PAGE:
SALT LAKE CITY — A federal judge heard legal arguments that could potentially decriminalize polygamy in Utah, as a reality TV show polygamist and his four wives sought to overturn the state’s ban on plural marriage.
Kody Brown and his wives, Meri, Janelle, Christine, and Robyn, are suing the state in a challenge to Utah’s anti-polygamy statutes. They argue Utah laws criminalize their relationship — even though they are consenting adults.
“What the Browns are seeking is what most families take for granted,” their attorney, Jonathan Turley, told reporters outside the courthouse on Thursday.
The family came under investigation by Utah County authorities by starring in the reality TV show “Sister Wives.” They were never charged, but argue that they were placed under a “cloud of suspicion” by Lehi police. The Browns argue that Utah’s anti-polygamy statutes violate their free speech and free association rights.
“There are tens of thousands of families in this state that live under this condemnation,” Turley said. “That they are felons because of how they live.”
Lawyers for the state of Utah argued they have a right to protect marriage.
“There’s no court in this country that has held that the practice of polygamy is a fundamental right,” argued Assistant Utah Attorney General Jerrold Jensen.
But Jensen faced a blistering line of questioning from U.S. District Judge Clark Waddoups, who cited U.S. Supreme Court ruling Lawrence v. Texas, which decriminalized sexual conduct amongst consenting adults. Jensen appeared to draw a line between a man with multiple mistresses and someone who purports to be married, like polygamists do.
“How does this protect marriage?” Waddoups asked. “How do you believe consenting adults making a commitment to each other is damaging to the institution of marriage?”
Jensen said there are abuses within polygamy and the state has a right to step in. Waddoups countered that there are laws dealing with abuses associated with polygamy.
“The anti-polygamy statute deals with more than just consenting adults,” Jensen told reporters outside of court. “Anytime you have a polygamous union, you tend to have children. Children become a part of the equation. They’re very much a factor in this and most of the horror stories involving polygamy tend to involve children.”
There are an estimated 30,000 polygamists in and around Utah, mostly fundamentalist Mormons who believe polygamy to be a religious principle.
Turley said the Browns were not seeking marriage licenses or a legalization of their relationships, but to be left alone by the state. He noted that Utah’s anti-polygamy law is unique because other states’ bigamy laws deal with marriage licenses only. Utah’s, dating back to abandoning polygamy as a condition of statehood, criminalizes relationships.
“They’re talking about my life,” Valerie Darger, a plural wife, told FOX 13. “The thing that’s different about what we’re asking for is the right to exist and the right to be left alone. We’re not seeking marriage licenses, and so, as far as legal marriage goes, it doesn’t really pertain.”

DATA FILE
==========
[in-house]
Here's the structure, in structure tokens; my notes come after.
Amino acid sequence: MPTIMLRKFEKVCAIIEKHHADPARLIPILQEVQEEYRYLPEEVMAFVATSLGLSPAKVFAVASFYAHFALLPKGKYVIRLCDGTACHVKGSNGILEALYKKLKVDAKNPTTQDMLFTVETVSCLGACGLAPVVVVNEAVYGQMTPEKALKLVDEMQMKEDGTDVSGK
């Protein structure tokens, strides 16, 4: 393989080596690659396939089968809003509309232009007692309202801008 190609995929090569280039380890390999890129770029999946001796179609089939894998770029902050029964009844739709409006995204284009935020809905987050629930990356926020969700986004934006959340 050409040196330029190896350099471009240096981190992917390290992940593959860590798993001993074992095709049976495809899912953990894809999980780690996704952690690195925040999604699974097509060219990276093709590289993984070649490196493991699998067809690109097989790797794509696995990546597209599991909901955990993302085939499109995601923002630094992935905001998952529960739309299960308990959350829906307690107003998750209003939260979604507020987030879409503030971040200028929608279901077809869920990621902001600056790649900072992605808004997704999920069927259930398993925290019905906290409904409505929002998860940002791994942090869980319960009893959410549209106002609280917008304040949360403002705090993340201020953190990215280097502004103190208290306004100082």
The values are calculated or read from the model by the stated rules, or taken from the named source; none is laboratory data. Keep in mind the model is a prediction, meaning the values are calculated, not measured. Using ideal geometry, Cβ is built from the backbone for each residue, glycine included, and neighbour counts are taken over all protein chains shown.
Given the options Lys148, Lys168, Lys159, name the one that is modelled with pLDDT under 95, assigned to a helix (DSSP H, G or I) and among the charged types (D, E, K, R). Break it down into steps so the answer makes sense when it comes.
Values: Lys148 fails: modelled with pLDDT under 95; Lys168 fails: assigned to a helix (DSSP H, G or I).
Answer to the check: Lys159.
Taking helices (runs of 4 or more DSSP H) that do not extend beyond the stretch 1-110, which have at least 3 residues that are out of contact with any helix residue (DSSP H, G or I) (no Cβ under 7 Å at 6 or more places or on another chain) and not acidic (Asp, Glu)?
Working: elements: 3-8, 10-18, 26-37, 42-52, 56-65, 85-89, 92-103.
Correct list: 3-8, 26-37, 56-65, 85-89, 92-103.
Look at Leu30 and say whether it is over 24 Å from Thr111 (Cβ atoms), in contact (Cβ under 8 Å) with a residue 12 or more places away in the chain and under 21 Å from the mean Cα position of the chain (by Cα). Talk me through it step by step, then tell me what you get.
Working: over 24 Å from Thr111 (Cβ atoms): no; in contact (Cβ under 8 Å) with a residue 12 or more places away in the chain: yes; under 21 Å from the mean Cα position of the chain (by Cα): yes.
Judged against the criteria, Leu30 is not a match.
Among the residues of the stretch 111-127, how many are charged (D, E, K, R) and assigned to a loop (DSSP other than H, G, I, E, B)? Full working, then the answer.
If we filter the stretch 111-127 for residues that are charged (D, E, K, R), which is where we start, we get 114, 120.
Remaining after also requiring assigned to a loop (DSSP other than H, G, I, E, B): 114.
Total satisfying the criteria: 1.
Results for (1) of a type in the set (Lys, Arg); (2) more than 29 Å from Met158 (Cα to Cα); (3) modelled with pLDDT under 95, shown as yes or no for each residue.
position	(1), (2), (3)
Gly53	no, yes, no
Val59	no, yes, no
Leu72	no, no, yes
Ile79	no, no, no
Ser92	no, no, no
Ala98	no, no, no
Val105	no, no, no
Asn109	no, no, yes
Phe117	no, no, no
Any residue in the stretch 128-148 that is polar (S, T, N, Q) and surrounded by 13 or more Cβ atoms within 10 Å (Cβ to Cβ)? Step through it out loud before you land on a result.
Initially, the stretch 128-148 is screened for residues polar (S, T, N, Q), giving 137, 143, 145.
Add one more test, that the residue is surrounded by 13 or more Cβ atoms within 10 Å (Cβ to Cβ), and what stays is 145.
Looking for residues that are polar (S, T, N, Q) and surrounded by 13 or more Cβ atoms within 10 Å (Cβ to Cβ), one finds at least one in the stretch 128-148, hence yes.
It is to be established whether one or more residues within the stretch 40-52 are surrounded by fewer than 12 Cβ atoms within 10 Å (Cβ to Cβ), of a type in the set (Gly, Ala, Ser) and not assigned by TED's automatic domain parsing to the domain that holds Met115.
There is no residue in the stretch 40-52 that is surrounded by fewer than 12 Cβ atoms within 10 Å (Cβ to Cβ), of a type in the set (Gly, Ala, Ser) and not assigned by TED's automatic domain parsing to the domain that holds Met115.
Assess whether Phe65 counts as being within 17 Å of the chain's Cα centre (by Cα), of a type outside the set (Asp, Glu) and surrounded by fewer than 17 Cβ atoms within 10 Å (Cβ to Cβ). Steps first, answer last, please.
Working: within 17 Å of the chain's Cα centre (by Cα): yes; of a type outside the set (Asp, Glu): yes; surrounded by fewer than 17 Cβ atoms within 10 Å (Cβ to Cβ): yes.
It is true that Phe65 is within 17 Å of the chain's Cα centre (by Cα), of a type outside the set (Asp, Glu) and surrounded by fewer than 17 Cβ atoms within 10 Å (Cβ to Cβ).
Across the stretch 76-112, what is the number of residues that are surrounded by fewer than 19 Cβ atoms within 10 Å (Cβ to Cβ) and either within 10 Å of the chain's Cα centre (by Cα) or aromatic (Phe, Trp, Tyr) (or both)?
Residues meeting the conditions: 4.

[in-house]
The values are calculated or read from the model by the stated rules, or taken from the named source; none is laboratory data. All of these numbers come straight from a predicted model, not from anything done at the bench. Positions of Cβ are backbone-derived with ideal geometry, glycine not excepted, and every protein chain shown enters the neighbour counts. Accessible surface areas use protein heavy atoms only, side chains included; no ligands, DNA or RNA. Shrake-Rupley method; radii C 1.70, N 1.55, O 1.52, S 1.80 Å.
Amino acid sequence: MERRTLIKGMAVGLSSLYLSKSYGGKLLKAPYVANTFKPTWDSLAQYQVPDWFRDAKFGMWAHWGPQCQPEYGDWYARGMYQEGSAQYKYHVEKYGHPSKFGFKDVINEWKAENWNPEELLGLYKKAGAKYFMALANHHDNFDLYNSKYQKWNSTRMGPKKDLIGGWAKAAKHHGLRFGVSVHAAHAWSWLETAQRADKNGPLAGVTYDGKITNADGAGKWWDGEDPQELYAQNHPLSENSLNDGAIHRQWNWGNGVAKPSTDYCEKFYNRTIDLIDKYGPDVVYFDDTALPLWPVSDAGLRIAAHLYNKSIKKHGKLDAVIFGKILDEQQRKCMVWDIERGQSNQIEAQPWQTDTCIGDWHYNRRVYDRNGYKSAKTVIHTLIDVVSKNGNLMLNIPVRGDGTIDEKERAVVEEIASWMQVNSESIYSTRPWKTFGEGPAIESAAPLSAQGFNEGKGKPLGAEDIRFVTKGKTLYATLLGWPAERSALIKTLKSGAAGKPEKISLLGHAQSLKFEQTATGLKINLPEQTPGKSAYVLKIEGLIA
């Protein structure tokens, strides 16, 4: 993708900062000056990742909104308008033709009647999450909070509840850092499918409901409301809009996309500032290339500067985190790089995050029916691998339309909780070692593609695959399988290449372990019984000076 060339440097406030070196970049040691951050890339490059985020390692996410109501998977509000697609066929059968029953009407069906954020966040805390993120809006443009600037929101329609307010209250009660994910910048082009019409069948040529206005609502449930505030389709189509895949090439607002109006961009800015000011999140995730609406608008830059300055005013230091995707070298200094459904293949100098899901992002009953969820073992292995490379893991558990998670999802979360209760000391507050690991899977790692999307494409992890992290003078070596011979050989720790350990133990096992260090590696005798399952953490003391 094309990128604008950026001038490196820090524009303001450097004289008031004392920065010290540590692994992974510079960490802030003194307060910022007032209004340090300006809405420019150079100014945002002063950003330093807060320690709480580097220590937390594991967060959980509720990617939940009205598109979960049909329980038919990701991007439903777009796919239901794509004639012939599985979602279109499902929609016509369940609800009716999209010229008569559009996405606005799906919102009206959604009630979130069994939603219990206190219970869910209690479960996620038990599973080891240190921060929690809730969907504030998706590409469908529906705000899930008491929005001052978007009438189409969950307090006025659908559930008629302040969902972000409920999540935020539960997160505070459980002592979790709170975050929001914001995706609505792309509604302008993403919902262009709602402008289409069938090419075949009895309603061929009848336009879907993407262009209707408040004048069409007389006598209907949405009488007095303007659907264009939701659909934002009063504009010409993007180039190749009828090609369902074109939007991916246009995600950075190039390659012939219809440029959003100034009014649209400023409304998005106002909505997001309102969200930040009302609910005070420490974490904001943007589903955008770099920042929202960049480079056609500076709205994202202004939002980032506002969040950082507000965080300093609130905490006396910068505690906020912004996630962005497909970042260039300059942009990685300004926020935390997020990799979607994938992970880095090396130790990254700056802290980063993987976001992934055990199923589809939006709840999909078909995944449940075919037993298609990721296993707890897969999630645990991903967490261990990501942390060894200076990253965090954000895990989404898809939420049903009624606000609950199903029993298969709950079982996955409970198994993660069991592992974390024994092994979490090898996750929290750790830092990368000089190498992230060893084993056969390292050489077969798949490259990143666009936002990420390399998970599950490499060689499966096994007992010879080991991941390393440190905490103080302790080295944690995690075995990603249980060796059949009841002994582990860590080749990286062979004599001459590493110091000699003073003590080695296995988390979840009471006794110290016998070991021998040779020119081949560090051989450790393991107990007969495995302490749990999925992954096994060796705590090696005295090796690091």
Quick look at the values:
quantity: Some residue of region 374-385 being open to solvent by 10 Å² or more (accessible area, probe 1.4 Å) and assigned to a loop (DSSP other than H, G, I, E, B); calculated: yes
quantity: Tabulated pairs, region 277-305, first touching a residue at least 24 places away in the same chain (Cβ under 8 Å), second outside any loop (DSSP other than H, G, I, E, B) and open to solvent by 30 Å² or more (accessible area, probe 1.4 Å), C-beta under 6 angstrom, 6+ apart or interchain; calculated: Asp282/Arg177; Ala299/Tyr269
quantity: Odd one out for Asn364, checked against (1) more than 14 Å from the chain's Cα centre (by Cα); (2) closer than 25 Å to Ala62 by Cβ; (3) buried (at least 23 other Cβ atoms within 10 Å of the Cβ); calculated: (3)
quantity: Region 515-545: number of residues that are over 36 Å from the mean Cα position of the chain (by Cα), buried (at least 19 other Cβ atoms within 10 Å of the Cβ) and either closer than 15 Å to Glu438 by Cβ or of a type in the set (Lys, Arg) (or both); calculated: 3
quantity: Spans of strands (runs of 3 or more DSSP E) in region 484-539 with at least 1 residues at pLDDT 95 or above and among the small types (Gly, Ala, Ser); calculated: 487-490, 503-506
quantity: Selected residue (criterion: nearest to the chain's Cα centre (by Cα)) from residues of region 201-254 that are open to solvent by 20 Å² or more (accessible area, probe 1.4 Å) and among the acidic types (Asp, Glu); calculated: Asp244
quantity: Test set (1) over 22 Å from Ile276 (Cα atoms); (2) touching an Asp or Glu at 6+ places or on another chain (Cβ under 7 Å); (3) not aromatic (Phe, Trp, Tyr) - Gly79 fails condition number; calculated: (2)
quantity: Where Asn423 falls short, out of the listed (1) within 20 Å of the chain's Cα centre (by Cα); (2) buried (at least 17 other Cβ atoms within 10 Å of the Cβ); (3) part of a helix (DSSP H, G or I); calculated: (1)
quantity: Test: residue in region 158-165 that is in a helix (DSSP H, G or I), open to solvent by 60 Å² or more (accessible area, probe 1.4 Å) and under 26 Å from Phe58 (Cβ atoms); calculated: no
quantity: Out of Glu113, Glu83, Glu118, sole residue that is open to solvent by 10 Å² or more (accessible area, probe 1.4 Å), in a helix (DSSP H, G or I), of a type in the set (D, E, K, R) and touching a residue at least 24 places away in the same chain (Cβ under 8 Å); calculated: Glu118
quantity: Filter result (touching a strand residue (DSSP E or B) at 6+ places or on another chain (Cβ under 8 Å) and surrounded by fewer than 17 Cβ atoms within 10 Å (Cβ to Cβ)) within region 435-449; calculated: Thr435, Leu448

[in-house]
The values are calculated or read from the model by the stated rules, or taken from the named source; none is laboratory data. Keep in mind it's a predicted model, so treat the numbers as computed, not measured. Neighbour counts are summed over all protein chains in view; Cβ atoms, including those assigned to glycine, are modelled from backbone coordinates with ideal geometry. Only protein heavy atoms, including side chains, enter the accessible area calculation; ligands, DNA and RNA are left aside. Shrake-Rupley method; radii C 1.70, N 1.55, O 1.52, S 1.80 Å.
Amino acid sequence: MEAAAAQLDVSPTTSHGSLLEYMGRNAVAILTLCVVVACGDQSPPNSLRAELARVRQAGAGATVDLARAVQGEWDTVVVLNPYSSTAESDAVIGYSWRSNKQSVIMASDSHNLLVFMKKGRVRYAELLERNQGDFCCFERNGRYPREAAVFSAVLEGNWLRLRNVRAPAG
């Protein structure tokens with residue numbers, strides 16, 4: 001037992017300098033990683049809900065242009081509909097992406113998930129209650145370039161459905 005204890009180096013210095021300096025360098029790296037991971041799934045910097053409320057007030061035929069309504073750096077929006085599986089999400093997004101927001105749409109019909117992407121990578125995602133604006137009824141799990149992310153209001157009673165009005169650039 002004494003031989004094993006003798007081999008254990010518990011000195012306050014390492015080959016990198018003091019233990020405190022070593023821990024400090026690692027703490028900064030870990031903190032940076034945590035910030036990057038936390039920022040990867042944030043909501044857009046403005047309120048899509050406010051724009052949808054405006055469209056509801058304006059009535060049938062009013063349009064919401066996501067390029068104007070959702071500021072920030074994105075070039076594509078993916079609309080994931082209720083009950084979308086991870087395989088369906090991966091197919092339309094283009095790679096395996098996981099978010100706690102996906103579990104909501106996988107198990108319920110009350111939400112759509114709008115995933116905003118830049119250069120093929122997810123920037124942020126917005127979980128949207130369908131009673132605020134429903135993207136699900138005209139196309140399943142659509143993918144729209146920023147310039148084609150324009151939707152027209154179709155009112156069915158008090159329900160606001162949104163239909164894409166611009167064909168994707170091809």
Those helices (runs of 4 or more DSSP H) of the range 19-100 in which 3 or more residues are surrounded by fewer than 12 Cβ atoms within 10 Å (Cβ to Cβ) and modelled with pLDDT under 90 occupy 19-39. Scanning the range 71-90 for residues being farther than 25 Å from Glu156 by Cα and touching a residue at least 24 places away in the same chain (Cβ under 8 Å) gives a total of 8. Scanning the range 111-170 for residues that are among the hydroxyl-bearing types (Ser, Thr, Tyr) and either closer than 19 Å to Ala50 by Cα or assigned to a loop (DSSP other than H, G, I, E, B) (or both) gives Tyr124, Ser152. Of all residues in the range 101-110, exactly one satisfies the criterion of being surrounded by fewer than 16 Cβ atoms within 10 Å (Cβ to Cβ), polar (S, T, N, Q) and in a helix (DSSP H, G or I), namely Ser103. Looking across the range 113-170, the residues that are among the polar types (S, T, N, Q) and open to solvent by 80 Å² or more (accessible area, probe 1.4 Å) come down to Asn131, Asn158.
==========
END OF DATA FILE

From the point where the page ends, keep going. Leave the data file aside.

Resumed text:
Darger and her sister-wife, Vicki, attended Thursday’s hearing. So did anti-polygamy activists like Kristyn Decker, an ex-polygamous wife who left a relationship 11 years ago. She founded a group opposed to polygamy and led a protest to call attention to abuses and child-bride marriages within some polygamous communities.
“We feel like if they decriminalize polygamy, the human rights violations that have gone on for so long will just continue,” Decker said.
Judge Waddoups took the arguments under advisement and did not say when he would issue a ruling. Both sides have said they would likely appeal any ruling to the 10th U.S. Circuit Court of Appeals in Denver. Legal observers tell FOX 13 the case would likely go all the way to the U.S. Supreme Court for consideration.
Late Thursday, Kody Brown issued a statement through his attorney, saying:
“On behalf of the entire Brown family, I want to thank Judge Waddoups for this opportunity to argue the merits of our case. We understand that this is a historic moment for all plural families and we are honored and humbled to serve as the plaintiffs in this action. We are especially grateful for the support of our counsel, Professor Jonathan Turley, Adam Alba, the students at George Washington University, and the many supporters who have stood by us over the course of this litigation. This has been a difficult road for us and we are relieved to see the case coming to the final arguments. We remained committed to this civil rights cause and the struggle of plural families, both religious and non-religious, in the state. We hope that Utahans can understand that our family – like tens of thousands in this state – are seeking only to be allowed to live according to our beliefs and not be declared felons simply because we are different.”